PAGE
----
Suzuki Harunobu (attributed to)
Calendar Print with Travesty of Handaka Sonja as Courtesan

egoyomi, chūban, 27.2 x 20.2 cm; nishiki-e

A beauty sitting on a veranda is wearing a kimono tied at the front, where the year, Meiwa 2 (=1765), is also indicated. The scene is a travesty on Arhat Panthaka (Jap. Handaka Sonja) one of the Buddha’s sixteen closest disciples and usually depicted, like the other disciples, as a grim figure with expressive facial features. The print was commissioned by two vassals of the shōgun for the newly built observatory at Waradana in 1764.

Provenance: David and Frances Elterman, Los Angeles; R. E. Lewis, San Francisco (1977)
Riese Collection #20

This enchanting print was designed as a calendar for 1765 with the name of the year period and the numerals for the long months of the year concealed on the woman’s sash. Two impressions of this state, neither with signature or seal are presently known, one in the Tōkyō National Museum (TMC 428), the other in the Museum of Fine Arts Boston. As was the case with many calendar prints, the date marks were removed when they had served their purpose and the print was reissued. Three impressions of this state seem to have survived, one in the Fogg Museum at Harvard University, one at the Minneapolis Institute of Arts, and one in the Riese collection. The Fogg and Minneapolis impressions have a strong purple on the woman’s robe, and strong traces of oxidation on the background.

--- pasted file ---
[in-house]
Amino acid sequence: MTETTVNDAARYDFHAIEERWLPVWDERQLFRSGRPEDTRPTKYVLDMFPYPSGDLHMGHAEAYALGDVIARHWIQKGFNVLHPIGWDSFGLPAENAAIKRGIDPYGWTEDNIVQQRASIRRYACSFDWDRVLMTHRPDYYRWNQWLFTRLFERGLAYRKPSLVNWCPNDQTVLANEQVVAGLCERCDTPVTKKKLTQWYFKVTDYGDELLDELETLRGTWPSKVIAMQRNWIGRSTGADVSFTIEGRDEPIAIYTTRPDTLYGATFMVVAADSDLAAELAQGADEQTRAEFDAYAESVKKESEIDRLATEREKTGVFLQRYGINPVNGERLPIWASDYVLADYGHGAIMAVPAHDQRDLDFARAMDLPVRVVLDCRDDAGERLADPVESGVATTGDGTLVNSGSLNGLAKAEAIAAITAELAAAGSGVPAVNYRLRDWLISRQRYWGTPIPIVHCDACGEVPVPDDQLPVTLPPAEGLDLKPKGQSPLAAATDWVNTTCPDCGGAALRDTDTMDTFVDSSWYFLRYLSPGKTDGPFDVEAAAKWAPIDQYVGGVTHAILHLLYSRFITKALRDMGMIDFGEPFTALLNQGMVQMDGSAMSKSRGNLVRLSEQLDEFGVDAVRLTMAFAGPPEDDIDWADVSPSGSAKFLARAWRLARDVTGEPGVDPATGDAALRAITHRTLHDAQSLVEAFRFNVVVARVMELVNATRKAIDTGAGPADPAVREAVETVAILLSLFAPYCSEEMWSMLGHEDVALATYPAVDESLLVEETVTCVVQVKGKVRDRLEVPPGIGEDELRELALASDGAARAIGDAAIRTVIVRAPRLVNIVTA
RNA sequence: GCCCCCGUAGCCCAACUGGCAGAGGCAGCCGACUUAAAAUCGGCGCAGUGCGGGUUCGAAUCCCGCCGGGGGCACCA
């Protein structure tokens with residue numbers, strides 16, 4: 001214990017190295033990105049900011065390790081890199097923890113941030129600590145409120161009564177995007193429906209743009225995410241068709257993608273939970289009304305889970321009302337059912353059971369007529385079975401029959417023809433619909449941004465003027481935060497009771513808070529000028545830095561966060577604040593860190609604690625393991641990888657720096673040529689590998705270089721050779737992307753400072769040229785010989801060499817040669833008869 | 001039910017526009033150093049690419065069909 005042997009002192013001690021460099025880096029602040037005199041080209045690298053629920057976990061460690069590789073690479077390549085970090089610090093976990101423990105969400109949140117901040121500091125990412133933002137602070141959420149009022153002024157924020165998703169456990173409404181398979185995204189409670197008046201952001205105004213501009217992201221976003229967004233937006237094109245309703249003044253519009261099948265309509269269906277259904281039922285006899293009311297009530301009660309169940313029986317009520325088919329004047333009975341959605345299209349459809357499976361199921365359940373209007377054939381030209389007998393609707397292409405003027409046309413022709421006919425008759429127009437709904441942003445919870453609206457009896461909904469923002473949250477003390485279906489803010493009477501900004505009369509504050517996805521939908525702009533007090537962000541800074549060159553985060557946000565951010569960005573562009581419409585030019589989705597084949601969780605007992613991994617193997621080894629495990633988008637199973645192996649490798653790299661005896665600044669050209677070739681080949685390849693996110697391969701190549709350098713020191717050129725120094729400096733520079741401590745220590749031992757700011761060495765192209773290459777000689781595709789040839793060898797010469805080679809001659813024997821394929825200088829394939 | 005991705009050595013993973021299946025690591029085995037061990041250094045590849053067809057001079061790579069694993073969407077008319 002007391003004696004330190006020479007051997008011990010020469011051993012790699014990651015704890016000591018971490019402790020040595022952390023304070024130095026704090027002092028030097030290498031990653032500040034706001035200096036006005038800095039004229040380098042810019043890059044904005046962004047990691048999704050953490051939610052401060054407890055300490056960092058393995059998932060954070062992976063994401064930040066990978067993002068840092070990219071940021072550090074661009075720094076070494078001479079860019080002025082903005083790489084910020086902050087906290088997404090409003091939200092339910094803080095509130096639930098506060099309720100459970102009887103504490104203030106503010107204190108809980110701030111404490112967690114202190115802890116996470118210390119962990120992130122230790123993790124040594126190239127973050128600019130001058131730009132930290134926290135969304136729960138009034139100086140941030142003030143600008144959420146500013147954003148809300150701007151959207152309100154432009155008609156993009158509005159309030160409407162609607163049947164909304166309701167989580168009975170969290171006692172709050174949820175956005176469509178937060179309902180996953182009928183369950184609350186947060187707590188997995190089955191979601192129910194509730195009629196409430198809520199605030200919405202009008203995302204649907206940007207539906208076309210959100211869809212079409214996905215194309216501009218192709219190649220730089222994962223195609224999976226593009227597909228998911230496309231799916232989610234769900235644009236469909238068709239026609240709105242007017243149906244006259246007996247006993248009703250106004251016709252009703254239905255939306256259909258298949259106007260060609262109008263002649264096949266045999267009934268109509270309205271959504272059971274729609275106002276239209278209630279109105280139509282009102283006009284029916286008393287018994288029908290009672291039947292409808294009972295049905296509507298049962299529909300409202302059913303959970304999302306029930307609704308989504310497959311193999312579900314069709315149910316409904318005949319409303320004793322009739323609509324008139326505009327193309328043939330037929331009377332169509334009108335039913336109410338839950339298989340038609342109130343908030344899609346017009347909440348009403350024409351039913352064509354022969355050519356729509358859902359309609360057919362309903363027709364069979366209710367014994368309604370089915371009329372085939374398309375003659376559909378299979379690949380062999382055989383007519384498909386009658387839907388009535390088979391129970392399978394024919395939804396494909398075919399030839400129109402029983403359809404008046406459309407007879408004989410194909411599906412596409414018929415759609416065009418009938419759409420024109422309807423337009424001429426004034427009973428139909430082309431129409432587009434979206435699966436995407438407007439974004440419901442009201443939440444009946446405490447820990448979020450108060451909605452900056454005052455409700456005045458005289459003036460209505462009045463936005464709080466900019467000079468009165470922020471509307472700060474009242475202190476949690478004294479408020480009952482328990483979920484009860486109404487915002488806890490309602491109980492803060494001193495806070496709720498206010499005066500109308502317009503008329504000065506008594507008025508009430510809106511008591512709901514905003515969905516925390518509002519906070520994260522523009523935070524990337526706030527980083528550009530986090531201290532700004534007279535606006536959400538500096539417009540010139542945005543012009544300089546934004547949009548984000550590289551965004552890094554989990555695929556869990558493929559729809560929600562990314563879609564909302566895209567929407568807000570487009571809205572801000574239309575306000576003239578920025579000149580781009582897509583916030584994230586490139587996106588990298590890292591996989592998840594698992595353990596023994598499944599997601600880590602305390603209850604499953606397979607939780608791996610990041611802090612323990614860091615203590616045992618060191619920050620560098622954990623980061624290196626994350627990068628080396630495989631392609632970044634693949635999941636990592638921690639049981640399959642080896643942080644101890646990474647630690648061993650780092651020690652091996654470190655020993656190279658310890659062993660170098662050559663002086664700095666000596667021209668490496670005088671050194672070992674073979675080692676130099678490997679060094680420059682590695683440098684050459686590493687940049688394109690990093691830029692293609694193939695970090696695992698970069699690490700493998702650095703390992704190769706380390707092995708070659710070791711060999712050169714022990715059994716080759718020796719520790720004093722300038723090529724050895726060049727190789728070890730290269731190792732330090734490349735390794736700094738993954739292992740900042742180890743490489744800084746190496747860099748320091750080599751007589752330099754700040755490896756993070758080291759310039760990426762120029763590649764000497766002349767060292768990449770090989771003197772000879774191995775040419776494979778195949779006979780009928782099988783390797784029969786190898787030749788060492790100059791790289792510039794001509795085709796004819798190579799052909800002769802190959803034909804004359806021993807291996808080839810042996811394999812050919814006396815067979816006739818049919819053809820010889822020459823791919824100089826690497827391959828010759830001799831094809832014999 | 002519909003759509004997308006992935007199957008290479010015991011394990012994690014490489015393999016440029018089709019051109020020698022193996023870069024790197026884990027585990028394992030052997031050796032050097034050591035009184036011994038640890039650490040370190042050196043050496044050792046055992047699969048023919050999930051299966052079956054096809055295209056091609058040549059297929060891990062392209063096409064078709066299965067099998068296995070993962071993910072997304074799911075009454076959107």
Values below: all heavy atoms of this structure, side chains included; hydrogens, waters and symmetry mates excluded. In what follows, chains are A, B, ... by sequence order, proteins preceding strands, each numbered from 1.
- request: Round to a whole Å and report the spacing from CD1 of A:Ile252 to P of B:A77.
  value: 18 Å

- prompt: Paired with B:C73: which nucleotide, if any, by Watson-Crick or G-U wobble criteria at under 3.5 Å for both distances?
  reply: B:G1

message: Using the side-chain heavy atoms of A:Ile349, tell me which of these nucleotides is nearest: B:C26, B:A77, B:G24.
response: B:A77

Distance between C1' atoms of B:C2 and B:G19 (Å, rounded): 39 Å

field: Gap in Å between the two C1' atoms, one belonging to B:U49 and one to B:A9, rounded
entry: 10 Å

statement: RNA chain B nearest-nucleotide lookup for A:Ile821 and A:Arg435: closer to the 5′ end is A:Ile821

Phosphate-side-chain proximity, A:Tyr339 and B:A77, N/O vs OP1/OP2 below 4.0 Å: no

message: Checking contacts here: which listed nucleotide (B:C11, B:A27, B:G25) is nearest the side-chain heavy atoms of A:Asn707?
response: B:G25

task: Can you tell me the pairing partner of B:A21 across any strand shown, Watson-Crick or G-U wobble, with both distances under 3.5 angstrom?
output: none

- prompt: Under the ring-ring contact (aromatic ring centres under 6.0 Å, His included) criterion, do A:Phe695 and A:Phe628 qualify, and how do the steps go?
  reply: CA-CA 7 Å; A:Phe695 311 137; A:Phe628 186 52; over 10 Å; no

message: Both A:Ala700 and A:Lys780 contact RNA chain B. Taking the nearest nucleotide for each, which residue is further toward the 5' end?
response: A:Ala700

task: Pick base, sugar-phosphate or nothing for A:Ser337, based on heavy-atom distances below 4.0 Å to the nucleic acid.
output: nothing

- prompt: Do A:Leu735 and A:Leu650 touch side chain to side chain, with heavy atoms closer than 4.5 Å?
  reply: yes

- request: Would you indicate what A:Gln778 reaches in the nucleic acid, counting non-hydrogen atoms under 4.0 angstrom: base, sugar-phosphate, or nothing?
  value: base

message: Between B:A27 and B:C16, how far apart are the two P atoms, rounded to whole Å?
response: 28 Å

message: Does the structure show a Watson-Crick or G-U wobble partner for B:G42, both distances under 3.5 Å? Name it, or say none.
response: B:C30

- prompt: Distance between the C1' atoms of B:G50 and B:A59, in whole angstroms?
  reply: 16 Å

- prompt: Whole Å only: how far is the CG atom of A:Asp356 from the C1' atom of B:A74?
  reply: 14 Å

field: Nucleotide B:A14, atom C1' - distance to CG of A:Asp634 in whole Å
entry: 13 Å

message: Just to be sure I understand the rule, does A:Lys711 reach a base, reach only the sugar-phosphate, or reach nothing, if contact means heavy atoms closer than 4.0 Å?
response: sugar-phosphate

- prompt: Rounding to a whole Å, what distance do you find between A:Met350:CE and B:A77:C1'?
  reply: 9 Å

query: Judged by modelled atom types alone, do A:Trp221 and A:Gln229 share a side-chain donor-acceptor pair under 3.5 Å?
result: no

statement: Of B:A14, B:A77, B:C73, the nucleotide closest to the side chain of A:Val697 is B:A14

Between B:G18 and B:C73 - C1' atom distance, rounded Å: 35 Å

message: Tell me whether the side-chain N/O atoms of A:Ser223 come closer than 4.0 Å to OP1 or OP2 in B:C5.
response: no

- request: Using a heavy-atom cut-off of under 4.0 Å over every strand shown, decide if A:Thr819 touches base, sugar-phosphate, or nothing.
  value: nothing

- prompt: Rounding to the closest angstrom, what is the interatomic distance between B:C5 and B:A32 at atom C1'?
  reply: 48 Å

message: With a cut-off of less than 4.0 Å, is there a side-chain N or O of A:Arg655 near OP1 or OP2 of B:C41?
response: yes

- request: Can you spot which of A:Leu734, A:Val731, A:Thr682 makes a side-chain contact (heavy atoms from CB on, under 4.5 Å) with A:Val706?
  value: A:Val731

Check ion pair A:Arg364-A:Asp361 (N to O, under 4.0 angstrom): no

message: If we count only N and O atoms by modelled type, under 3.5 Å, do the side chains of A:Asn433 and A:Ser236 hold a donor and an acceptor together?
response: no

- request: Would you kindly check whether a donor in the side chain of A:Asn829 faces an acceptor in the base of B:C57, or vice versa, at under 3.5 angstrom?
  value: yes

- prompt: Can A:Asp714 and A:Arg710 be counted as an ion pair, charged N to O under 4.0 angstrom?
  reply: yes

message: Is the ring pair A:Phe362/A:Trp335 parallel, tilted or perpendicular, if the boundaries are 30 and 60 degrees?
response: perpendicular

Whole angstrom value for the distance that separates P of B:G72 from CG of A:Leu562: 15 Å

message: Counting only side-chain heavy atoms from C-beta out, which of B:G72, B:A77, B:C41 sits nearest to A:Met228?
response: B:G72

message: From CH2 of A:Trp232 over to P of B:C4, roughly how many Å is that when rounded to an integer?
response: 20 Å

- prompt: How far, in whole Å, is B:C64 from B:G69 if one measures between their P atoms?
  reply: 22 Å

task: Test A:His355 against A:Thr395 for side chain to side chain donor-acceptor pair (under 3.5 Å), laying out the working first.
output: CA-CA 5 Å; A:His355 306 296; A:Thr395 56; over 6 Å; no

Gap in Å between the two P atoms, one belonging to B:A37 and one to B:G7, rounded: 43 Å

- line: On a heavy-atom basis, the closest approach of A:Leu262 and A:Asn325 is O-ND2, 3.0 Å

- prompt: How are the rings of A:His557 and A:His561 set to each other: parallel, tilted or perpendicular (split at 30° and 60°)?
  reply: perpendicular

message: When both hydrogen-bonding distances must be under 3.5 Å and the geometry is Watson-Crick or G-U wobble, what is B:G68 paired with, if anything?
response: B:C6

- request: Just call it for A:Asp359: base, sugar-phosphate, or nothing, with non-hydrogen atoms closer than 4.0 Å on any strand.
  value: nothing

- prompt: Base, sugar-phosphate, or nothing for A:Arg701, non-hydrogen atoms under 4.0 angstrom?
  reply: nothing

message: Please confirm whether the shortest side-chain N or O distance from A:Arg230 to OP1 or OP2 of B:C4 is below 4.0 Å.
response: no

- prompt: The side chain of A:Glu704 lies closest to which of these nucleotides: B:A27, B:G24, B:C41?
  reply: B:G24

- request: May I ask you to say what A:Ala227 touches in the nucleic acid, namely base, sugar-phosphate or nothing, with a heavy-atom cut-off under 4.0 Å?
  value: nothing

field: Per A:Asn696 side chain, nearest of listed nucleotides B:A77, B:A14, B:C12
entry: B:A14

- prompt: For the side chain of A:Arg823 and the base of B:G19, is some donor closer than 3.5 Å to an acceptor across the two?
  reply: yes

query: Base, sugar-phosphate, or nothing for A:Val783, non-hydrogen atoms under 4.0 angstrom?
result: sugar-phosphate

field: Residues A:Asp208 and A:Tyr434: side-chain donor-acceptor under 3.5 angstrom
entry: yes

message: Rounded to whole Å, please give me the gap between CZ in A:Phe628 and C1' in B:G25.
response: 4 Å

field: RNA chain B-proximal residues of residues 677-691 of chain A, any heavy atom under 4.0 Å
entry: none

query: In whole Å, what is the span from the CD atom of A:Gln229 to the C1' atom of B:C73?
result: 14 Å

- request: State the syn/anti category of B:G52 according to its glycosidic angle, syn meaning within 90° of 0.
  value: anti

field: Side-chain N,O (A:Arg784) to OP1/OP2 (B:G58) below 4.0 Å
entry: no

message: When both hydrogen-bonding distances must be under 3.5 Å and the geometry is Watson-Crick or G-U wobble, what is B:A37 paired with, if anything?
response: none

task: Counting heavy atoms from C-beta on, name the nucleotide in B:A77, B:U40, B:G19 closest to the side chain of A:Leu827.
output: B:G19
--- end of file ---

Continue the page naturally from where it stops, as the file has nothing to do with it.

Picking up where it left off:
It is safe to assume that the designer of the print was not being simply whimsical but intended an allusion to some historical figure or legendary tale. But there is little agreement about who the young lady might actually be. Mr. Tomita at the Boston Museum suggested that the reference was to the Arhat Handaka who one sees in Hokusai’s Manga perhaps, summoning a dragon as a familiar from a bowl.
Mr. Kikuchi at the Tōkyō National Museum describes the print simply as a woman.